However, this ignores an important difference between the two companies: the mix in terms of the origination of transactions. Western Union generates about two thirds of its revenue from transactions originating outside the United States, while MoneyGram generates only about a third of its revenue from transactions originating outside the U.S. This would be unimportant if not for the wide spread in pricing between U.S.-originated transactions and internationally originated transactions (we estimate internationally originated transactions to be priced about 50%- 60% higher, on average, based on the companies' disclosures of the difference in percentage of transactions and revenue by point of origination). This materially influences the average price per transaction, makes the two companies' average prices not truly comparable, and exaggerates the impact of brand. Comparisons across the two companies need to be on a like-to-like basis to be analytically useful.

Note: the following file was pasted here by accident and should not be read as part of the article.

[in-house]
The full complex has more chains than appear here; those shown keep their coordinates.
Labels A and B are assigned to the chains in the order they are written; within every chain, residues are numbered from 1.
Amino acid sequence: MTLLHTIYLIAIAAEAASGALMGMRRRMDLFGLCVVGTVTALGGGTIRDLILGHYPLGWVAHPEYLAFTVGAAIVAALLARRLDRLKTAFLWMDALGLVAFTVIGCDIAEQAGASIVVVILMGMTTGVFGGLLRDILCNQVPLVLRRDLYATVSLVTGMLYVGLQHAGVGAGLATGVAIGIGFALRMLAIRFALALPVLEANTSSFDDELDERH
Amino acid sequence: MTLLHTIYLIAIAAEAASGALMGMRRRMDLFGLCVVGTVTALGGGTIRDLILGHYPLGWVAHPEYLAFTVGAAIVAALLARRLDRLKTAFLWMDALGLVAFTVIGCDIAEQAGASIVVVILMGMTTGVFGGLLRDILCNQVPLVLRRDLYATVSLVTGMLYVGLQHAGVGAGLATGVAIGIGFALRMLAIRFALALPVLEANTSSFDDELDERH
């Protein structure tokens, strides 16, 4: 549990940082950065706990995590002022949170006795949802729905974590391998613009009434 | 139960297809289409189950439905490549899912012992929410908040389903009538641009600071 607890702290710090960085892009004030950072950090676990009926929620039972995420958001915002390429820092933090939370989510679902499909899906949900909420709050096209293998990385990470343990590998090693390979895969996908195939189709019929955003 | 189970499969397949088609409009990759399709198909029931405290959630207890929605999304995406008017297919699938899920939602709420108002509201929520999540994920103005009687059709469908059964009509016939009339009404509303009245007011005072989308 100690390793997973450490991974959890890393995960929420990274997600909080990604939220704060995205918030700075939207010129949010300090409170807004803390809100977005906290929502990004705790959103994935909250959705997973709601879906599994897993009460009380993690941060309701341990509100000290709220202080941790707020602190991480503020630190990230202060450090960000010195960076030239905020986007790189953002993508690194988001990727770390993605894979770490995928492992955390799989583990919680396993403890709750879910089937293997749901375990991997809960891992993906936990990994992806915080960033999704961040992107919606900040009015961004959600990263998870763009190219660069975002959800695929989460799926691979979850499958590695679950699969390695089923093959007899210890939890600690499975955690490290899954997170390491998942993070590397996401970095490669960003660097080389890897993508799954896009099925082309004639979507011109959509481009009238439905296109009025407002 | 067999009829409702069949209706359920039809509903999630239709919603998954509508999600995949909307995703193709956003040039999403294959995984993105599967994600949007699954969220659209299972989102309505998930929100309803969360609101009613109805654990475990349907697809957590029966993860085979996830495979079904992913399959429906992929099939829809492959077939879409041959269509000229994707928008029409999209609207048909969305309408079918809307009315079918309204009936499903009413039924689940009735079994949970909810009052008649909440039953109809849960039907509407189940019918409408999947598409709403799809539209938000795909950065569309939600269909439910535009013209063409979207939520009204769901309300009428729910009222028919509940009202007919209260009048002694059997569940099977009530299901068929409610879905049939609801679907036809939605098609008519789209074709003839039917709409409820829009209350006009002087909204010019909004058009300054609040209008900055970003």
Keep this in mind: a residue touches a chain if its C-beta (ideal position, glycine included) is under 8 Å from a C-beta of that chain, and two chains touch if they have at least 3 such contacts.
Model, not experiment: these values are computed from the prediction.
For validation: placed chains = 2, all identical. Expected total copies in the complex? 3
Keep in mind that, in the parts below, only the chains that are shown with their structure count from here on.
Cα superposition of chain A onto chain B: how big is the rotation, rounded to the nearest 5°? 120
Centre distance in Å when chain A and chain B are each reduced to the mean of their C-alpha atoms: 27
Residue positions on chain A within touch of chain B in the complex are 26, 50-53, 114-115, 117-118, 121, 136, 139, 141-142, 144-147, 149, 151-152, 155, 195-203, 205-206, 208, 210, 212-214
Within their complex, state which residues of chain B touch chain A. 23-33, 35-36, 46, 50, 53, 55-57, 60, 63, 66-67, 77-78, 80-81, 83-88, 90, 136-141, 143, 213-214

So, in order to accurately assess the source of Western Union's advantage, we need to determine the average difference in pricing on an apples-to-apples basis, excluding the origination mix. With the two companies serving thousands of corridors and pricing tiers based on the send amount, it is impossible to get a completely precise and accurate view. However, we can estimate it.
Based on the company's estimates of the differential between the percentage of transactions and percentage of revenue by point of origination, we can estimate the ratio in pricing between U.S. and internationally originated transactions. Using these estimates, we can then solve for average prices for U.S. and internationally originated transactions. Performing this analysis, we estimate the difference in pricing as 10%-15% on a like-for-like basis, once we control for origination mix. This suggests the majority of the difference in average revenue per transaction is explained by origination mix, not higher pricing by Western Union. It is important to note, however, that this is only a rough estimate, and pricing varies widely on a corridor-by-corridor basis.
Scale Is the Predominant Factor